AGO 1950 No. 236 - Mar 14 1950
REORGANIZATION OF SCHOOL DISTRICTS
Such special election as the county superintendent of schools is required to call under section 19, chapter 266, Laws of 1947, are not subject to the limitations set forth in sections 1 and 2, chapter 161, Laws of 1949.
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March 14, 1950
Honorable Pearl A. Wanamaker
Superintendent of Public Instruction
Old Capitol Building
Olympia, Washington Cite as: AGO 49-51 No. 236
We have your letter of March 9, 1950, in which you ask the following question:
Are such special elections as the county superintendent of schools is required to call under section 19, chapter 266, Laws of 1947, subject to the limitation on school district elections set forth in sections 1 and 2, chapter 161, Laws of 1949?
The conclusion reached may be summarized as follows:
Such elections are not subject to the limitations contained in sections 1 and 2, chapter 161, Laws of 1949.
Your request reads:
"Are such special elections as the county superintendent of schools is required to call under the provisions of section 19, Chapter 266, Laws of 1947, subject to the limitations on school district elections set forth in sections 1 and 2, Chapter 161, Laws of 1949? If so, who determines if an emergency exists justifying the calling of the aforesaid special election?"
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Chapter 266, Laws of 1947 (4895-20 et seq. Rem. Supp. 1947), relates primarily to the creation and change of school districts. It embraces some forty sections exclusive of the repealing, severability, and emergency sections. It is quite complete within itself. We will not particularize further as to its provisions.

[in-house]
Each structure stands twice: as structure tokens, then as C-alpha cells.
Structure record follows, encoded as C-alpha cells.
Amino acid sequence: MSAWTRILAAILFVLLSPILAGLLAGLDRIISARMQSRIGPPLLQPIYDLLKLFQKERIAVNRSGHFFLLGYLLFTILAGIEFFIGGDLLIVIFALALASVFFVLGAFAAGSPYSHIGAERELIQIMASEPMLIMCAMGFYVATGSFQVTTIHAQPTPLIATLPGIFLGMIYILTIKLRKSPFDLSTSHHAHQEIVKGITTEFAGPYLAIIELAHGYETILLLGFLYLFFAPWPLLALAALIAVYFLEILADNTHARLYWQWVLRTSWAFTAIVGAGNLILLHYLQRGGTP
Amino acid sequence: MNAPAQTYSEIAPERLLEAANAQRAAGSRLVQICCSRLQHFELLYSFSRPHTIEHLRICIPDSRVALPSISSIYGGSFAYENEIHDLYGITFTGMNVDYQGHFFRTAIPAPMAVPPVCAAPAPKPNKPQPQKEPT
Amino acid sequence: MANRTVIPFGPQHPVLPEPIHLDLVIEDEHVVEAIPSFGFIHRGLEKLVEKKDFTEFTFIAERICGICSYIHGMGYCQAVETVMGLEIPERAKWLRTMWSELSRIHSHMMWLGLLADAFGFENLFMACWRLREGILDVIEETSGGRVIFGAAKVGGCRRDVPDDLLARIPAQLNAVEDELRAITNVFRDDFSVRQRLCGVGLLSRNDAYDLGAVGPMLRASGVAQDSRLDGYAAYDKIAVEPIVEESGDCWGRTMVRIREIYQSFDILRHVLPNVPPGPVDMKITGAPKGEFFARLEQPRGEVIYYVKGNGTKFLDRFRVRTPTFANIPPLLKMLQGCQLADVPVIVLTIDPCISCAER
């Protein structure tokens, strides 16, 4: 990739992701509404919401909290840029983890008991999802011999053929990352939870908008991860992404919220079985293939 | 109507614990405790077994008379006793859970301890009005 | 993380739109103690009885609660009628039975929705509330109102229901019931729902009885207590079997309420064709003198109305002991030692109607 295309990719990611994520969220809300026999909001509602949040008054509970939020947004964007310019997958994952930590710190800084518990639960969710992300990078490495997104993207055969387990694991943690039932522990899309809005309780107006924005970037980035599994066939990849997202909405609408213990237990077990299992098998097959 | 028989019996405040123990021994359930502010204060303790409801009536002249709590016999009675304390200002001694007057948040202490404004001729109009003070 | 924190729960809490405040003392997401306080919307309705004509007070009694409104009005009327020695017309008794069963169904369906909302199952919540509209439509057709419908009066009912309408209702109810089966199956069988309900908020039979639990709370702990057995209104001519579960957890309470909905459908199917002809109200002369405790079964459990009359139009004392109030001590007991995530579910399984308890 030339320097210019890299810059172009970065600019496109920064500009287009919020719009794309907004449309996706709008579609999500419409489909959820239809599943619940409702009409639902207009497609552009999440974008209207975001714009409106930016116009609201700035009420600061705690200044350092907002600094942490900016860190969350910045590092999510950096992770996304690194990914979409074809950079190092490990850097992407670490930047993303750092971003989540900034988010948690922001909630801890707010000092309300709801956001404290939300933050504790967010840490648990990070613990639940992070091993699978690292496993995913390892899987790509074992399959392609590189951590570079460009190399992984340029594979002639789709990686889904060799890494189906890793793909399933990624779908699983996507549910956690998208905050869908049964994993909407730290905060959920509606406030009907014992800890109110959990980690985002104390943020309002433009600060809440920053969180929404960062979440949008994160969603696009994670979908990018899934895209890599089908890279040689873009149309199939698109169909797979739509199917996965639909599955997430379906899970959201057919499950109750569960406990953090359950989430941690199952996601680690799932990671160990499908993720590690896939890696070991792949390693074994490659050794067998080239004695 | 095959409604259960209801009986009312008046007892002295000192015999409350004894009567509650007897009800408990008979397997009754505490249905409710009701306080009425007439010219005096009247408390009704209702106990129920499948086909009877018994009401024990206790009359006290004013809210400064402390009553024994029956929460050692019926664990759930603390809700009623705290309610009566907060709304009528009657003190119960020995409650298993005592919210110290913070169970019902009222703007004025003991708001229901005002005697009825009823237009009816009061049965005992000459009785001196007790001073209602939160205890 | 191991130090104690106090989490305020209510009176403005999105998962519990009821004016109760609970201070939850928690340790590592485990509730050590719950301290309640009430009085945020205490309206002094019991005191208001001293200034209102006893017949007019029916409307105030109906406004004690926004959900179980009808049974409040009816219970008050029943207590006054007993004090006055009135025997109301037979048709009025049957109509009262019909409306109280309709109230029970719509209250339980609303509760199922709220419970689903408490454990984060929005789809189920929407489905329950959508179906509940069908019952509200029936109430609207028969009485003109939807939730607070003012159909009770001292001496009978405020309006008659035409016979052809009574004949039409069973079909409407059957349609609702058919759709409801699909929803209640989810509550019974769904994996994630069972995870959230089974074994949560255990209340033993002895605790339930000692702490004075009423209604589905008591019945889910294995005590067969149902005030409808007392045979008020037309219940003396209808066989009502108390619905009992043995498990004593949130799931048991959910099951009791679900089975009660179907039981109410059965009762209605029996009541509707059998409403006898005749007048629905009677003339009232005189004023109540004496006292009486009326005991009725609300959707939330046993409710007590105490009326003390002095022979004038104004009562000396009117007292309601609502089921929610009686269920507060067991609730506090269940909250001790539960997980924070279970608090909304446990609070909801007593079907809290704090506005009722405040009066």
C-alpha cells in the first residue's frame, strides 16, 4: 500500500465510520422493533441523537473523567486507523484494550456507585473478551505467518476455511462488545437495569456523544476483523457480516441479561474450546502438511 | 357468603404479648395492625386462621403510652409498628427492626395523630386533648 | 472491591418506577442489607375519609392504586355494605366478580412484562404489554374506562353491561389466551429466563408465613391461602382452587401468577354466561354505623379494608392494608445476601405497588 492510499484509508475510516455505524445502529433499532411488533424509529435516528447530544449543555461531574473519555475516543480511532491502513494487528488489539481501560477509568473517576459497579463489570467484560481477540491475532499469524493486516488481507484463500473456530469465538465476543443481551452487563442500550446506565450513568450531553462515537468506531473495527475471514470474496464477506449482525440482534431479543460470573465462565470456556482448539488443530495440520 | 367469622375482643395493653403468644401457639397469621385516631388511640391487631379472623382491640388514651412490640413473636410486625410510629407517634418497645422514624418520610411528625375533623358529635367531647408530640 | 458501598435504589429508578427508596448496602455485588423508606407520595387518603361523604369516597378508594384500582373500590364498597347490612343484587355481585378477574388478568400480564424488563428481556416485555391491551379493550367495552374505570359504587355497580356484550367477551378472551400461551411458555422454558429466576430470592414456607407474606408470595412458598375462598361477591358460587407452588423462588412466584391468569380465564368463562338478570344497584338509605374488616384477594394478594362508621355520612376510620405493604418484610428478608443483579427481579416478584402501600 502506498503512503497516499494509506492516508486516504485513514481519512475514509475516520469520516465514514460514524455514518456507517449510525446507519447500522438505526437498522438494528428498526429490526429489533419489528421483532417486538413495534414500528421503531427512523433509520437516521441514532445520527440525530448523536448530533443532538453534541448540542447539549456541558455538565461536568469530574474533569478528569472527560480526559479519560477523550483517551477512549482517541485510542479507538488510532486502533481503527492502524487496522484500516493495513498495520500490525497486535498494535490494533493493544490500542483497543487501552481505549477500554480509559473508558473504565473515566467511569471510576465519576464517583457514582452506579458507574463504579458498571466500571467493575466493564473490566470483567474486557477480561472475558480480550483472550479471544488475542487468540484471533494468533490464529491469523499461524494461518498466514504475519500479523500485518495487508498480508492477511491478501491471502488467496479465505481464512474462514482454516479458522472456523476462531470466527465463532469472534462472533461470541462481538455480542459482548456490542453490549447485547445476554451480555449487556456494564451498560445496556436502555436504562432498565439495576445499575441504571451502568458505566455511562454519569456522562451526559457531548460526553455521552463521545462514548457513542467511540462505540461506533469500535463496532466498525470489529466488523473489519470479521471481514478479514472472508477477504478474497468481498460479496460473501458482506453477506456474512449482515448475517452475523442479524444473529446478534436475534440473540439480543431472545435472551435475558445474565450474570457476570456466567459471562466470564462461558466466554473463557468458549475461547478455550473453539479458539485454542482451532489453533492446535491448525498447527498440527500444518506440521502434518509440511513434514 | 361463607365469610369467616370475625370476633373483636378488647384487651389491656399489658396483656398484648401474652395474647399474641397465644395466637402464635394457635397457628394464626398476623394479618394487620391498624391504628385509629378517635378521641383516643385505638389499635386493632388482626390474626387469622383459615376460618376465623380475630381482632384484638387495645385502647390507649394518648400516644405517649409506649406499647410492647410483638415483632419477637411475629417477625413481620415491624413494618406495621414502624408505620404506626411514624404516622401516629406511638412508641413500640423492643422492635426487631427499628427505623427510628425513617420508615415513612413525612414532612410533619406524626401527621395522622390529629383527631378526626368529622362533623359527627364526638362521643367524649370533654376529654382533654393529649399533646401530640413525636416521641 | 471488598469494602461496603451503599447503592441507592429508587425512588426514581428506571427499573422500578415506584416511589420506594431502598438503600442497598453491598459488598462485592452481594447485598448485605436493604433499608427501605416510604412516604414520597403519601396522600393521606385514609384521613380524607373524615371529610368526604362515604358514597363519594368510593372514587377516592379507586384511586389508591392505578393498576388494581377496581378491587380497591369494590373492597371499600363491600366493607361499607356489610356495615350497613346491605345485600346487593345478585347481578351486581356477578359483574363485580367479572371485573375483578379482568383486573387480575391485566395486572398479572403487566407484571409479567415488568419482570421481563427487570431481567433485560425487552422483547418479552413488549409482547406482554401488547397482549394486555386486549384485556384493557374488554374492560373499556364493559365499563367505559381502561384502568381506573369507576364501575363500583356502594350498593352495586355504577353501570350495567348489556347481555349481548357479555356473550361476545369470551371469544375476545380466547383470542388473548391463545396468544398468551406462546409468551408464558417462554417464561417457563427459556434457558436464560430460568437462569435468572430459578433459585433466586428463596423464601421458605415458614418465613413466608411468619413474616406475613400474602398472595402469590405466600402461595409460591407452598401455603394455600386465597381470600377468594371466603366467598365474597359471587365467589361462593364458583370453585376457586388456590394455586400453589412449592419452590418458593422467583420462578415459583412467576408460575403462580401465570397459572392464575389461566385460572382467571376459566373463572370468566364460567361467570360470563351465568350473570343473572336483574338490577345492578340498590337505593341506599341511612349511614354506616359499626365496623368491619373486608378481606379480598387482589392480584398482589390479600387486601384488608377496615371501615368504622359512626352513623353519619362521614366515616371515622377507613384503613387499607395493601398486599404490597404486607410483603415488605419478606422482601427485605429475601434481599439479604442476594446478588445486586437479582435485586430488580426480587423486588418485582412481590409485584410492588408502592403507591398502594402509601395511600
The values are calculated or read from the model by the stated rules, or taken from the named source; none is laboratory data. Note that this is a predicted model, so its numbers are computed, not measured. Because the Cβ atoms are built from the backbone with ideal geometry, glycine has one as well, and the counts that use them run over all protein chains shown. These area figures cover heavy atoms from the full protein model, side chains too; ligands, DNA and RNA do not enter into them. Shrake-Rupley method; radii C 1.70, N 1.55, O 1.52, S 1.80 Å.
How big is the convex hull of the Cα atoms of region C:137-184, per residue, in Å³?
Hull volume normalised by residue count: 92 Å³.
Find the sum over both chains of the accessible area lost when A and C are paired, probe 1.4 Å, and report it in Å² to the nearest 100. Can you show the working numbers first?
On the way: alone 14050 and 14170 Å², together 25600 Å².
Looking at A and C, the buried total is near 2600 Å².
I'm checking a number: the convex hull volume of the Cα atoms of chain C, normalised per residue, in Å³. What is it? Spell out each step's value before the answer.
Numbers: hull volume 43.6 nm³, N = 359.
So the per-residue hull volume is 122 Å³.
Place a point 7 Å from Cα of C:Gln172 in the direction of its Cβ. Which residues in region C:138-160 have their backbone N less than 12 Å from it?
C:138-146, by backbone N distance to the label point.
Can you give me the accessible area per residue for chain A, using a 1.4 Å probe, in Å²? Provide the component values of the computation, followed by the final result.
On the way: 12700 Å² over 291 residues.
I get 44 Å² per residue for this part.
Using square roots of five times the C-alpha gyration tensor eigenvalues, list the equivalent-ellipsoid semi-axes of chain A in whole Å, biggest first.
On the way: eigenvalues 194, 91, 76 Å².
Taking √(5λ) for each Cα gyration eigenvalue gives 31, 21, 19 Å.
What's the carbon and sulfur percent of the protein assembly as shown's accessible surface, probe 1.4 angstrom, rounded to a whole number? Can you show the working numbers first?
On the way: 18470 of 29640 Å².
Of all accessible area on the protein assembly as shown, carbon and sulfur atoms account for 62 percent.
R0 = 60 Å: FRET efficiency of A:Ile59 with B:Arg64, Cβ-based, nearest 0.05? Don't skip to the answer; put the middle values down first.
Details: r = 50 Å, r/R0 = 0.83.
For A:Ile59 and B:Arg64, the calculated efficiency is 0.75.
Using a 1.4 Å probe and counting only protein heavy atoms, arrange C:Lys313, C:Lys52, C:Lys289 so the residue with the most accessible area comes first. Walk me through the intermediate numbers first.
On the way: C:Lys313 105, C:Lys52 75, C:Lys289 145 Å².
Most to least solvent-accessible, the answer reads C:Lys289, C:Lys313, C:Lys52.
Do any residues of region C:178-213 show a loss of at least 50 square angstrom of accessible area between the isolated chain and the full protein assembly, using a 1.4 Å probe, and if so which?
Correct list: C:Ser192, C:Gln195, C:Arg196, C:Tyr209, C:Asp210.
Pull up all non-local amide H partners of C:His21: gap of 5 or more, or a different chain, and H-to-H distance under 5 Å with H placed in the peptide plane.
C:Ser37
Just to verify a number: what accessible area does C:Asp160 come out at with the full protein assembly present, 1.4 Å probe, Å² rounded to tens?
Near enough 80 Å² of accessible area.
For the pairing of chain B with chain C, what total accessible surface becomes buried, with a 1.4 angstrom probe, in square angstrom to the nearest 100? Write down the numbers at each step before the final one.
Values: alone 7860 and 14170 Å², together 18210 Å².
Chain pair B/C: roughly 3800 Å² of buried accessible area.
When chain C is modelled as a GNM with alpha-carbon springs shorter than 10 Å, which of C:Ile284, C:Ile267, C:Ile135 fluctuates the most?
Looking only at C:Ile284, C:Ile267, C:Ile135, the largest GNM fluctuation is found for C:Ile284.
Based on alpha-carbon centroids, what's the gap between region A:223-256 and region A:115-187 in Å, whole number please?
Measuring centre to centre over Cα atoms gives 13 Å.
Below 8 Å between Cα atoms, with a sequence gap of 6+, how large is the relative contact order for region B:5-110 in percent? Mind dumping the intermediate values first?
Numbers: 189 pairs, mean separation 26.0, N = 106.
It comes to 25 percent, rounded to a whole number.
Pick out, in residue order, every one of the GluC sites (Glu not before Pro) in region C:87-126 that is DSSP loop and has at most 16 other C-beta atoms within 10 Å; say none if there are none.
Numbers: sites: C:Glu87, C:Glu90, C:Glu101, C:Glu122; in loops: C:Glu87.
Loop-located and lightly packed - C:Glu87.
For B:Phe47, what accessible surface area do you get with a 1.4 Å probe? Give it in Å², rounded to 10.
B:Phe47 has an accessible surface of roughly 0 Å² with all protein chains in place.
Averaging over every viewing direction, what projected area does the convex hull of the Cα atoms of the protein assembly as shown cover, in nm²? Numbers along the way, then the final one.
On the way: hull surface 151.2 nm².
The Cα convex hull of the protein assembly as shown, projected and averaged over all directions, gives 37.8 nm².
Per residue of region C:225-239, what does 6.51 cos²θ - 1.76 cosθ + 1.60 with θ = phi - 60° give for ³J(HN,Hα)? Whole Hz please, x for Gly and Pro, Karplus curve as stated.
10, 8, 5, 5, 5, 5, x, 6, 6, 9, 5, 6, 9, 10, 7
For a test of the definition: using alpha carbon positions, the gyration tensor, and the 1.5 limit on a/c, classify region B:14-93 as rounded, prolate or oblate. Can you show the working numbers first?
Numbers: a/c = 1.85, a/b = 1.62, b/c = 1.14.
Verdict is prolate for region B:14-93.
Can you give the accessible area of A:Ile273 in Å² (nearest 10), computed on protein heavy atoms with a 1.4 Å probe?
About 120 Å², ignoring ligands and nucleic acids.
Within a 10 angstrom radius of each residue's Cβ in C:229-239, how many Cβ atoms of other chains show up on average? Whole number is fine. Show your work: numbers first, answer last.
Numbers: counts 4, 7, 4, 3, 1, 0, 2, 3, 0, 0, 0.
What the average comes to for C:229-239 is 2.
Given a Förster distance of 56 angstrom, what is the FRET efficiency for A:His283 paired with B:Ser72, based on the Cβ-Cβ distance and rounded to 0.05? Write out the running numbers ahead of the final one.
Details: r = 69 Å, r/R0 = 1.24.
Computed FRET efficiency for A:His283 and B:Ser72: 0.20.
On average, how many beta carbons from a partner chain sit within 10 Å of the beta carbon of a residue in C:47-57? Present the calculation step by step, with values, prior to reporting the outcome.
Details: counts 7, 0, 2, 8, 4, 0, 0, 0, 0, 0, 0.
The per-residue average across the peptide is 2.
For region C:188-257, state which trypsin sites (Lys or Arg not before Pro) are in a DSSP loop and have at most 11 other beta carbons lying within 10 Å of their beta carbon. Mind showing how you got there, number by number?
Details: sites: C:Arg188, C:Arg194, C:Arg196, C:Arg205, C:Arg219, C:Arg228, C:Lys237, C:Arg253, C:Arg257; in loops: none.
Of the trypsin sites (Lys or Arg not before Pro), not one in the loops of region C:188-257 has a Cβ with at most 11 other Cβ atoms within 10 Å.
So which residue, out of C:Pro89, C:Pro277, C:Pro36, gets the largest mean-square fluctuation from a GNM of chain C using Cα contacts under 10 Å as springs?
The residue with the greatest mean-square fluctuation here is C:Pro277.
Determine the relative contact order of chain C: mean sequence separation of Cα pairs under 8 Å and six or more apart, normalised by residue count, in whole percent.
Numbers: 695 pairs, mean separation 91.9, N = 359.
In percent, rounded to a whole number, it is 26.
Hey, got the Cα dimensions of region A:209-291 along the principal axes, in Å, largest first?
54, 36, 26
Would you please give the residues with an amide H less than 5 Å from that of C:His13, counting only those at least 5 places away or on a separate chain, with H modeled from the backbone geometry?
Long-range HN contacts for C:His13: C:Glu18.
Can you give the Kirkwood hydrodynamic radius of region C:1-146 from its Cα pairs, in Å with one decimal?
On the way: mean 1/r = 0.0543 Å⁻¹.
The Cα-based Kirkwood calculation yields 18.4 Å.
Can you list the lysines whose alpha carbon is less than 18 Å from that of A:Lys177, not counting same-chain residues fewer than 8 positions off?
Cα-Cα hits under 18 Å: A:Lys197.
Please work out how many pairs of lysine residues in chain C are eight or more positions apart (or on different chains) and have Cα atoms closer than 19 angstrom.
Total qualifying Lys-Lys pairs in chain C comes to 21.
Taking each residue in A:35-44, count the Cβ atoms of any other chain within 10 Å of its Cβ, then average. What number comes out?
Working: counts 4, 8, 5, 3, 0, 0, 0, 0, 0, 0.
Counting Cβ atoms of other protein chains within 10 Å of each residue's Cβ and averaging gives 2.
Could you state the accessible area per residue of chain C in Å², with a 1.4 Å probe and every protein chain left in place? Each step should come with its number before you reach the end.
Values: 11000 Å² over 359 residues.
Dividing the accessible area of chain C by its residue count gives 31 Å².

Chapter 161, Laws of 1949, relates to certain elections. Section 1 (5144 Rem. Supp. 1947) relates to elections in Class A and counties of the first class, and section 2 (5150 Rem. Supp. 1949) relates to elections in all other counties. There would seem no doubt that sections 1 and 2, supra, is a general law, since it relates to all elections (other than the regular biennial elections) in all or practically all election units.
The distinction between a general and special law is defined inYoung Men's Christian Ass'n. of Seattle v. Parish, 89 Wash. 495, 154 Pac. 735; andLibby, McNeill and Libby v. Ivarson, 19 Wn. (2d) 723, 144 P. (2d) 258.
We held in an opinion to the Secretary of State, dated October 18, 1949, that chapter 161,supra, did not apply to elections in irrigation districts.
A general statute does not repeal a special statute unless such is the plain legislative intent, even though the two statutes may contain somewhat inconsistent provisions. State v. Ross, 62 Wash. 82, 113 Pac. 273; Seattle Land and Improvement Co. v. Blan, 71 Wash. 530, 128 Pac. 1026;State v. Clausen, 51 Wash. 548, 99 Pac. 743, and 51 Wash. 689, 101 Pac. 835;State v. Whitney, 66 Wash. 473, 120 Pac. 116;State v. Hewitt Land Co., 74 Wash. 573, 134 Pac. 474;State v. Hanson, 111 Wash. 124, 189 Pac. 1000; State v. Public Service Commission, 111 Wash. 294, 190 Pac. 1012;Brickson v. Perica, 113 Wash. 510, 194 Pac. 963;Bank of Fairfield v. Spokane County, 173 Wash. 145, 22 P. (2d) 646; State ex rel. Department of Public Service v. Northern Pacific Railway Co., 200 Wash. 663, 94 P. (2d) 502.
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We therefore hold that special elections called under section 19, chapter 268, Laws of 1947, are not subject to the limitations contained in sections 1 and 2, chapter 161, Laws of 1949, insofar as the declaring of an emergency is concerned.
Very truly yours,
Assistant Attorney General